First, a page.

By Zachary Gotthardt
SC Staff Writer
On March 14, ESU’s tropical ecosystems class took a weeklong trip to Costa Rica. As a student in the class, I was fortunate enough to attend this excursion.
The tropical ecosystems class is offered by the biology department every spring semester and is taught by Dr. Master, Dr. LaDuke, and Dr. Whidden.
As the name suggests, the class discusses the organisms, ecology, and interactions in tropical environments. The biology department focuses heavily on field work, and this trip offers that field experience to ESU students.
The majority of the trip took place at the El Zota field station, a privately owned preserve near the Costa Rican city of Limon. It covers an area of 2,400 acres, but has more bird species than the entirety of Pennsylvania.
The station is in a convenient location for the tropical ecosystems class; it boasts biodiversity and has been relatively undisturbed. It also exposes the students to the organisms on which they will be tested.
We spent four full days in El Zota’s forest. The forest of El Zota is characterized as a dry lowland forest.
It receives a decent amount of annual precipitation, but not as much as a true rainforest.
At the time of our trip, Costa Rica was in a long drought, making the forest even drier than normal.
Days at El Zota began with a bird walk at 6:00 AM. The station is home to an abundance of bird species, and the early morning walks reinforced this fact.
El Zota is home to some of the most famous bird species, such as Macaws, Tucans, and Parakeets. There were so many species we saw – too many to name!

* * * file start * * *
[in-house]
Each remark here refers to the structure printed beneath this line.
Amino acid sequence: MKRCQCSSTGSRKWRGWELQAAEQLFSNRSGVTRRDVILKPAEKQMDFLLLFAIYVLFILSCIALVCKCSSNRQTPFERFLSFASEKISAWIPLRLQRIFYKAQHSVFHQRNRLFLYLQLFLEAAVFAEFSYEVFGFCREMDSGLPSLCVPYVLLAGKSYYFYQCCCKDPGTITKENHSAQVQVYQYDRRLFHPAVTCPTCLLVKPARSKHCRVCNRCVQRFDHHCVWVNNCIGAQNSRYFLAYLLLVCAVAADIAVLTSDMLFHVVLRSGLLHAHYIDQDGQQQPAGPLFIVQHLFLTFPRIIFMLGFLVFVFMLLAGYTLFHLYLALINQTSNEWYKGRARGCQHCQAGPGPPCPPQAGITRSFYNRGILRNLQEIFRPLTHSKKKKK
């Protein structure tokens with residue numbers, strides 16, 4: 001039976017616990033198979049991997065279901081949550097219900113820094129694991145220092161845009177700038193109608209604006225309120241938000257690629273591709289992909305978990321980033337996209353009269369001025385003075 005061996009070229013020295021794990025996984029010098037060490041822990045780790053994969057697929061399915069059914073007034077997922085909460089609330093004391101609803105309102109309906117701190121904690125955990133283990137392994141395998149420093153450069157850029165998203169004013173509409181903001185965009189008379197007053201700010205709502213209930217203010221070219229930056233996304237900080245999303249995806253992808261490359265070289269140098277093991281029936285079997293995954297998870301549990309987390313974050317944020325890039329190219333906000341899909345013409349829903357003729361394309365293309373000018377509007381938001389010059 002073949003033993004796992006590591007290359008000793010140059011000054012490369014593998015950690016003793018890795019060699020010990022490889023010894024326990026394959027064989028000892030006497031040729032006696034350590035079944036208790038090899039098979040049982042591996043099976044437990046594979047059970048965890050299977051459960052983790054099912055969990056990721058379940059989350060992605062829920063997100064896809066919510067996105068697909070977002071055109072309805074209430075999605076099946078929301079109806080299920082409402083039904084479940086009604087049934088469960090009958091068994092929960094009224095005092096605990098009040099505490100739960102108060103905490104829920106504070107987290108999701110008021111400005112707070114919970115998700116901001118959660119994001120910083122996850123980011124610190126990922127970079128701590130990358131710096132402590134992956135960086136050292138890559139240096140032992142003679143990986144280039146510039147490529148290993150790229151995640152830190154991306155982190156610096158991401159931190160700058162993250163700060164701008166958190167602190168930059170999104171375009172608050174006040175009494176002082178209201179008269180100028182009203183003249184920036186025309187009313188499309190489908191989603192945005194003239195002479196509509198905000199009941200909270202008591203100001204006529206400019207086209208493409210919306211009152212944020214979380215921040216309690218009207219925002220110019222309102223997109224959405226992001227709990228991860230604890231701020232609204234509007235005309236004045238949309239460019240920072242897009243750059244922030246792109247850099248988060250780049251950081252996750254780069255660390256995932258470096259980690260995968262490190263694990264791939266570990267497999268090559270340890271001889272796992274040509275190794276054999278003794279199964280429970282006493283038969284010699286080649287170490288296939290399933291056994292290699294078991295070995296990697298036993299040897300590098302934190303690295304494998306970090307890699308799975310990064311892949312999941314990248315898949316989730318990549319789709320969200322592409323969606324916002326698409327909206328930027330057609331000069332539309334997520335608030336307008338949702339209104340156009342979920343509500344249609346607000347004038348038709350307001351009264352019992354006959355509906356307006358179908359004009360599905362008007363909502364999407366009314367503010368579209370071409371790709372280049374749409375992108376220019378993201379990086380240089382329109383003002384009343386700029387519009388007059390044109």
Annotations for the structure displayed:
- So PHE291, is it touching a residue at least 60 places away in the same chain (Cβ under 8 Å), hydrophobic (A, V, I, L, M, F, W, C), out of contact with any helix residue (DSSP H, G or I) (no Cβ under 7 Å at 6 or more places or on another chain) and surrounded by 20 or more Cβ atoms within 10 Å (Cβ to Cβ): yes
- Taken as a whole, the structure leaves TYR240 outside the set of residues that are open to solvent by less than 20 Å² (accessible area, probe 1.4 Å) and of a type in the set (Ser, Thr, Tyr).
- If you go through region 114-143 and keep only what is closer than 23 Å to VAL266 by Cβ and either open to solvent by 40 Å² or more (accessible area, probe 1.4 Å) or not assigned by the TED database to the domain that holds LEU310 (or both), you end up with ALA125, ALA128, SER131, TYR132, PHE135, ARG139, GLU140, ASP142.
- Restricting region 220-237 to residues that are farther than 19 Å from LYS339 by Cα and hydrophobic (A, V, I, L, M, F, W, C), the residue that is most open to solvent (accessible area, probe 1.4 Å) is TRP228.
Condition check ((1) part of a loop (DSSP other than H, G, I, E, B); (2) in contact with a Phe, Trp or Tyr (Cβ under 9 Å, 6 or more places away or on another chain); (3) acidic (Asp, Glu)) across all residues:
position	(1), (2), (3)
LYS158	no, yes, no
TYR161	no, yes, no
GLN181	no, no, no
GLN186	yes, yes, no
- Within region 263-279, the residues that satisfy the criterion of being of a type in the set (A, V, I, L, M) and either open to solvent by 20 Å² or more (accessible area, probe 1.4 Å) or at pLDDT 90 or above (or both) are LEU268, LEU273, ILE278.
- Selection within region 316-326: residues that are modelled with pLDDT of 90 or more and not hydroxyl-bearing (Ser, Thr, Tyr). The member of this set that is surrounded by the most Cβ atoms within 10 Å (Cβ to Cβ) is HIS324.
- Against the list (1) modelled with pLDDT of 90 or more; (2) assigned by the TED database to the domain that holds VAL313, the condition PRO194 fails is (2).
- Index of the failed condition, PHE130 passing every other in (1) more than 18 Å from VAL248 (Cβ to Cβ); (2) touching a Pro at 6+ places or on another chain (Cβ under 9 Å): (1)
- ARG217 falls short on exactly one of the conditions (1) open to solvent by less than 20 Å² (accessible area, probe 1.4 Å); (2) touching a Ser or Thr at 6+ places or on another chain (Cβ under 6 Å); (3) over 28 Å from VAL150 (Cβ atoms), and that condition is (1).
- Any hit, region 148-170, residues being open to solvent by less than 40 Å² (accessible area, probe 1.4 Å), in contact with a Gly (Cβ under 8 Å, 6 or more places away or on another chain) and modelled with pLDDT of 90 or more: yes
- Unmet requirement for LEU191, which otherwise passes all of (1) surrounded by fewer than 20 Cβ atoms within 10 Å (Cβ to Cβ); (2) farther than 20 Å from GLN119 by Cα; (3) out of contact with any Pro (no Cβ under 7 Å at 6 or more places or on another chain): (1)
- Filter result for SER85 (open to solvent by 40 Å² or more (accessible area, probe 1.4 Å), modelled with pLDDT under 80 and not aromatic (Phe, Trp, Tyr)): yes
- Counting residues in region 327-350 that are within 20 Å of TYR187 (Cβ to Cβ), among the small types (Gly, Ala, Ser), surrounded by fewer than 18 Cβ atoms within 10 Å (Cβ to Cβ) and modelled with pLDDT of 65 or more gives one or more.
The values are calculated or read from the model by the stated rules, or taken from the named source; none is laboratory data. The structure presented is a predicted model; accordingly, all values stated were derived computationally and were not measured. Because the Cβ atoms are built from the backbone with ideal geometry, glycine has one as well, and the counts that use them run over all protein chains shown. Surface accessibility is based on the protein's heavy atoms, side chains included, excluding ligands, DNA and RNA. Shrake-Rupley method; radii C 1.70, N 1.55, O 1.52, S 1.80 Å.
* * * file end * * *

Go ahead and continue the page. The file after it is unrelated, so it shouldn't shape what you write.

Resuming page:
After the walk and typical Hispanic breakfast of rice and beans, we would take a hike around the property. We had no particular goals, and no time constraints. We were just trying to take it all in.
During these walks, we were fortunate enough to find various frogs, including several species of poison dart frogs, exotic insects, and spiders, which are much larger than those found in our own backyard here at ESU!
As with birds, the diversity among reptiles and amphibians was incredible!
It turns out that the drought made the diversity among amphibians lower than is typical, but I couldn’t notice.
At night, an entirely new ecosystem emerged. Most of the mammals we saw on our trip came out during the night – including bats!
Most of the mammals in the tropics are small and nocturnal, aside from the monkeys.
A good example of a nocturnal animal found in Costa Rica is the Mouse Opossum, which you can find out more about on this page!
The largest mammal of which we had any evidence was a tapir, which is no larger than a dog.
Most mammals only made their presence known through the shine of their eyes.
The metallic-colored retinas located at the back of the mammal’s eyes cause this. These specialized retinas help their brains to sense light and give them a brighter image at night.
Sound was a necessity for identifying species at night. Nocturnal birds, such as owls, were typically only noticed this way.
After four days at El Zota, our class traveled to Monte Verde, a mountaintop located in the center of the country. This area is known as a cloud forest, and is much damper than the lowlands of El Zota.
The environment was particularly suited for tropical birds. The Resplendent Quetzal and Three Wattled Bell-Bird were among the most magnificent animals I have ever seen.
The reptile, amphibian, and mammal diversity has been compromised due to recent human activities, but we did see some unique cases. A palm viper, black shrew, and a rare anole were lucky finds for our class.
Monte Verde was a completely different locale with its own unique flora and fauna.
If you would like to see Costa Rica for yourself, please look into the tropical ecosystems class!
Also, please think about joining David Good on his trek to visit a native Costa Rican tribe in May. This is the trip of a lifetime!
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